The Falling Flag: Evacuation of Richmond, Retreat and Surrender at Appomattox

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E. J. Hale, 1874 - Richmond (Va.) - 67 pages
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Page 56 - got theirs. My impression is that the Twenty-fourth Virginia lost the most or a good many of their horses. The men built fires, and all seemed to have something to eat, and to be amusing themselves eating it. The woods on the southern and eastern side swarmed with the enemy and their cavalry — a portion of it was between us and the "James River," which was about twelve miles distant.
Page 57 - We soon had everything in its righj place, and rode out from the bottom into the open field, about two hundred and fifty strong, to see the last of it. Firing was going on, artillery and small arms, beyond the town, and there was General RE Lee himself, with Longstreet, Gordon, and the rest of his paladins. When we rode into the open field we could see the enemy crowding along the edge of the woods — cavalry apparently extending their line around us. We kept on advancing towards them to get a nearer...
Page 58 - The party in the yard were taken by surprise ; they had not expected us to charge them, as they were aware that a parley was going on (of which, of course, we knew nothing), and that there was a suspension of hostilities. We drove them through the yard, taking one or two prisoners — one little fellow, who took it very goodhumoredly ; he had his head tied up, having got it , broken somewhere on the road, and was riding a mule. We followed up their retreat through the yard, down a road, through the...
Page 50 - It was dark by this time, and at every discharge the cannon was ablaze from touch hole to mouth, and there must have been six or eight pieces at work, and the small arms of some three or four hundred men packed in among the guns in a very confined space.
Page 13 - I hope never to see again— the saddest of many of the sad sights of war— a city undergoing pillage at the hands of its own mob, while the standards of an empire were being taken from its capitol, and the tramp of a victorious enemy could be heard at its gates.
Page 61 - Forks,' around Petersburg, which made the evacuation of Richmond and the retreat a stern necessity. When General Longstreet's corps, from the" north bank, joined it, the army of northern Virginia, wasted and reduced to skeleton battalions, was still an army of veteran material, powerful yet for attack or defense, all the more dangerous from its desperate condition. And General Grant so recognized and dealt with it, attacking it as before stated, in detail, letting it wear itself out by straggling...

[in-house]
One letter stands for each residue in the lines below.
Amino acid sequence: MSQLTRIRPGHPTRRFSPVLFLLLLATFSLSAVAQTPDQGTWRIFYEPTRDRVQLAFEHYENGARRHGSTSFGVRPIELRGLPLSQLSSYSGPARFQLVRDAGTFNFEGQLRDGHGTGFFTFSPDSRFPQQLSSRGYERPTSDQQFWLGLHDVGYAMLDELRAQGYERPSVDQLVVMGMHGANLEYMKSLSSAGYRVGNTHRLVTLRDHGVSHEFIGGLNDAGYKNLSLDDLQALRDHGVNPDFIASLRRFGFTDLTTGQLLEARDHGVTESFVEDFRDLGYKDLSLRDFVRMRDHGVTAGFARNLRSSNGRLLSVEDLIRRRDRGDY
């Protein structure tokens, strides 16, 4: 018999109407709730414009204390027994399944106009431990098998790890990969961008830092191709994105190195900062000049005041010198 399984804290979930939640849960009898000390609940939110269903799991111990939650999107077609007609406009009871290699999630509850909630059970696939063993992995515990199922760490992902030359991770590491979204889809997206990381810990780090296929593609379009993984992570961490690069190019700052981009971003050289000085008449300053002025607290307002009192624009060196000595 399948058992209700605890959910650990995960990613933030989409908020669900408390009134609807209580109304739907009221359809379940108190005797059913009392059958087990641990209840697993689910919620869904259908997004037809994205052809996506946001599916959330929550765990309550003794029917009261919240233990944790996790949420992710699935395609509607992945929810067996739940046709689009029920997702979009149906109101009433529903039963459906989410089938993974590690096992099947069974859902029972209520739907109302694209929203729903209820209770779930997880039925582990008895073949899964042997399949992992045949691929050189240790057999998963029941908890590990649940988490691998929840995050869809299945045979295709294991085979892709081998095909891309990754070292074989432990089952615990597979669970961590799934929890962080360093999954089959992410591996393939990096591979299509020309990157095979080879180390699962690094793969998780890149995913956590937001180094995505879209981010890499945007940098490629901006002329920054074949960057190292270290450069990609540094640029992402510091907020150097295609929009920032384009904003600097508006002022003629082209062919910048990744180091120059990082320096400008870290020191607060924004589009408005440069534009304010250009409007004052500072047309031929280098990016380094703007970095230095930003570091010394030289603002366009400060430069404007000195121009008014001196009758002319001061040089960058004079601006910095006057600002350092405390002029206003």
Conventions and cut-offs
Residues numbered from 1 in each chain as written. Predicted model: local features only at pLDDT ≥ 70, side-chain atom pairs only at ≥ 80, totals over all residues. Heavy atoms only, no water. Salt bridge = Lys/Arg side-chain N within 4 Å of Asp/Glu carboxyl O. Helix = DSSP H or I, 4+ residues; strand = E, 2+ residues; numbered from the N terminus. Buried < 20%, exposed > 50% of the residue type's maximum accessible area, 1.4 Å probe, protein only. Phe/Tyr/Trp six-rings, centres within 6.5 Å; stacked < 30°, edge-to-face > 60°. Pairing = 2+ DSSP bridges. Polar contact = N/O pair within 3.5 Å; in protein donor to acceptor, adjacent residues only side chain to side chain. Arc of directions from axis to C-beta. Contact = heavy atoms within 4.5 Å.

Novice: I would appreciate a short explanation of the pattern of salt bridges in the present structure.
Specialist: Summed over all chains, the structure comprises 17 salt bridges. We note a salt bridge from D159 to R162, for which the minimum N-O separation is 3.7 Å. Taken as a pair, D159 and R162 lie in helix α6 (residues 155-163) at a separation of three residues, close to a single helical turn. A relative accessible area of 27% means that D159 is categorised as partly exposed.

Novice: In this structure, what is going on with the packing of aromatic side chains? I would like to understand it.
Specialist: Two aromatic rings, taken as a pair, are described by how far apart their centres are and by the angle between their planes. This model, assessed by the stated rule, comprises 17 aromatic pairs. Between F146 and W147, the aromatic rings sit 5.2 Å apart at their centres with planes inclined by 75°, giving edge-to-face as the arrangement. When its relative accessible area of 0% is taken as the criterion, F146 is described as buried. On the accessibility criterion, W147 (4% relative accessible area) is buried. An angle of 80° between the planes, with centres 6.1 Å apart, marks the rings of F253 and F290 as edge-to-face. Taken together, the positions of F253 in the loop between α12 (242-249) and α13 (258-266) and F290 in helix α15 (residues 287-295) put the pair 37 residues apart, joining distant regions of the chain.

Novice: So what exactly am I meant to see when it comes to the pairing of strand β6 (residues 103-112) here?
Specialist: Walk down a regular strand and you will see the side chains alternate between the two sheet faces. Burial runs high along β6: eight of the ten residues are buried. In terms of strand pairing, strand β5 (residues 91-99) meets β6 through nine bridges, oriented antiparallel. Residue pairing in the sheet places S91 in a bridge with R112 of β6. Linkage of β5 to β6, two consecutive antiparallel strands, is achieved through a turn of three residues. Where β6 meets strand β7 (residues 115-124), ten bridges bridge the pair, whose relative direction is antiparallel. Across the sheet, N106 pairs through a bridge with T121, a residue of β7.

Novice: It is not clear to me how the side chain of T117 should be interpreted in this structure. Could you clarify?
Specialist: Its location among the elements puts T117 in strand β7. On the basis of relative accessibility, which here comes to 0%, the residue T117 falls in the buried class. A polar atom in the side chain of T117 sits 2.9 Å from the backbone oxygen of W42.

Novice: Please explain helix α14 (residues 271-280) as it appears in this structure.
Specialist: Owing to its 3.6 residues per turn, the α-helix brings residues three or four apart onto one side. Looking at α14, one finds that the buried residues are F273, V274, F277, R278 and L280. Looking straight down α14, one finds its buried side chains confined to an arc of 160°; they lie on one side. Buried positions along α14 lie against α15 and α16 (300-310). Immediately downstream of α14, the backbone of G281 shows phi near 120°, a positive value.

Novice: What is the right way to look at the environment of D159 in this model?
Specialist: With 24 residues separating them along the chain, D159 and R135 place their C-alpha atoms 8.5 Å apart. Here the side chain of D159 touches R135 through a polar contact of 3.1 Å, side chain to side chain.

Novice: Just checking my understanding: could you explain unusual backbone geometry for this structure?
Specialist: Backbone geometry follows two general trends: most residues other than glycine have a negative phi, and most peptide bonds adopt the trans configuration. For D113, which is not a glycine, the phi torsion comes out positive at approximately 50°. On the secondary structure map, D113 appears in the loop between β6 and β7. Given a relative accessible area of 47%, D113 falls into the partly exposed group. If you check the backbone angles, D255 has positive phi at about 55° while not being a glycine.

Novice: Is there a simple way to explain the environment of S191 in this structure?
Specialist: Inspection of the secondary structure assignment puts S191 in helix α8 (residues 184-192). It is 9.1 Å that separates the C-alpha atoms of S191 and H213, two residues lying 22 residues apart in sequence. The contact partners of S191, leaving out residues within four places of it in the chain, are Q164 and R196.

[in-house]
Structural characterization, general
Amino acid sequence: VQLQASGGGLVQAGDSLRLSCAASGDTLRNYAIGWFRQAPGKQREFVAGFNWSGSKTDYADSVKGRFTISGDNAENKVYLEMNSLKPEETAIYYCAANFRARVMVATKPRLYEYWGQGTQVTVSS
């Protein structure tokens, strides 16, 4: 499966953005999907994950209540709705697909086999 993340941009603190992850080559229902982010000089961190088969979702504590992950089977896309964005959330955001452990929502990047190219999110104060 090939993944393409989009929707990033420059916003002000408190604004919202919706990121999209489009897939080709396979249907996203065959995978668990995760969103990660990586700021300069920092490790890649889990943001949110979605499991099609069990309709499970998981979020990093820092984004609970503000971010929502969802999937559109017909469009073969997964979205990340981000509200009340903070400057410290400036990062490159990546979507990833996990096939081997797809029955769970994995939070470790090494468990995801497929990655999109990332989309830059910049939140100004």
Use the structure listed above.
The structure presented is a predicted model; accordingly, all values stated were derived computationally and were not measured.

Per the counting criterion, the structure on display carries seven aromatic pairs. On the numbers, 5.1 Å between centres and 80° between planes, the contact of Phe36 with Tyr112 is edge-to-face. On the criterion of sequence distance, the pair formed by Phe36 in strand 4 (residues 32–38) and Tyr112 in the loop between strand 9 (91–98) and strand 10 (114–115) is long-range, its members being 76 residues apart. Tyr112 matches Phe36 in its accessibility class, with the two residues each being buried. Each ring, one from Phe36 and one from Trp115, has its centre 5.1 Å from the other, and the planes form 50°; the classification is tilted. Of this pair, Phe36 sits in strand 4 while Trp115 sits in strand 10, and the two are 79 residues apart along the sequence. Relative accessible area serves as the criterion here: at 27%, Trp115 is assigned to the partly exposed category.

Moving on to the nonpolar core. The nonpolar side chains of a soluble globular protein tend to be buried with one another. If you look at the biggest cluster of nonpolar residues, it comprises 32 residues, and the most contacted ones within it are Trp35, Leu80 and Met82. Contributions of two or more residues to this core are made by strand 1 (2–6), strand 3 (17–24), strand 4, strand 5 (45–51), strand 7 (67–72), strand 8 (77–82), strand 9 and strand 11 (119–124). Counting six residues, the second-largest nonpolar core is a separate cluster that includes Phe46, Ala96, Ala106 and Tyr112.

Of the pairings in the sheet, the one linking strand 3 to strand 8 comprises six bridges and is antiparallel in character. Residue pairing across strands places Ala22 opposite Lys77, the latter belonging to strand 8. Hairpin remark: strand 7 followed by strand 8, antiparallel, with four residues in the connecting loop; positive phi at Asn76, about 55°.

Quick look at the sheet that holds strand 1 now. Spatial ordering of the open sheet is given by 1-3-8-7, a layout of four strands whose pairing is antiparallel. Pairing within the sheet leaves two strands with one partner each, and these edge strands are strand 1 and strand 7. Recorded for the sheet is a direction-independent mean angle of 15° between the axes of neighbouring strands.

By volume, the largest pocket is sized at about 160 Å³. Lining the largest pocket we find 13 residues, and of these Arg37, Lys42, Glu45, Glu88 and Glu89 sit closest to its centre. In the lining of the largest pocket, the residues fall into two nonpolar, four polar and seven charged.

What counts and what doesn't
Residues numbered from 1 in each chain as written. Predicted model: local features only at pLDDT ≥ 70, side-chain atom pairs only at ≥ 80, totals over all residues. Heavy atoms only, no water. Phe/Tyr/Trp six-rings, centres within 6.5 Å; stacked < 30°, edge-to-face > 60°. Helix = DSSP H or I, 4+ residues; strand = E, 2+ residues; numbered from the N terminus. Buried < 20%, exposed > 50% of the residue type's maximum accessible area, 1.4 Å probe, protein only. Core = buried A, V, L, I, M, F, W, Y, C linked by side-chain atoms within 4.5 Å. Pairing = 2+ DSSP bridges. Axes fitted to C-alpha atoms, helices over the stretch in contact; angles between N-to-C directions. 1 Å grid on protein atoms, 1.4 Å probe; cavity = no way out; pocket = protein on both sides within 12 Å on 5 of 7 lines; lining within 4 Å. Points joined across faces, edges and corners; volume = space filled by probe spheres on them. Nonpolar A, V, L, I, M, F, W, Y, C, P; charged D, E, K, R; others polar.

Page 51 - ... came. It was too dark to see anything under the shadow of the trees but the long dark line. They would get within thirty or forty yards of the guns and then roll back, under the deadly fire that was poured upon them from the artillery and small arms. Amid the flashing, and the roaring, and the shouting, rose the wild yell of a railroad whistle, as a train rushed up almost among us (the enemy had possession of the road), as we were fighting around the depot, sounding on the night air as if the...
Page 65 - ... themselves in any other way. They, in the good nature of success, were more willing to give than our men, in the soreness of defeat, to receive. The effect of such conduct upon our men was of the best kind; the unexpected consideration shown by the officers and men of the United States army toward us ; the heartiness with which a Yankee soldier would come up to a Confederate officer and say, " We have been fighting one another for four years ; give me a Confederate five dollar bill to remember...
Page 52 - What battery do you belong to?" " Donaldsonville." It was the Creole company ; and they might well have added the other words of the great Francis, after the battle of Pavia,
Page 15 - ... together with the roaring and crackling of burning houses, made a scene which I hope never to see again: a city undergoing pillage at the hands of its own mob, while the tramp of a victorious enemy could be heard at its gates! As we reached the high hill on which Manchester is built, we looked down on Richmond. By this time the fire appeared to be general. Some magazine or depot was on fire about the center of the city; from it would come the roar of bursting shells and boxes of fixed ammunition,...

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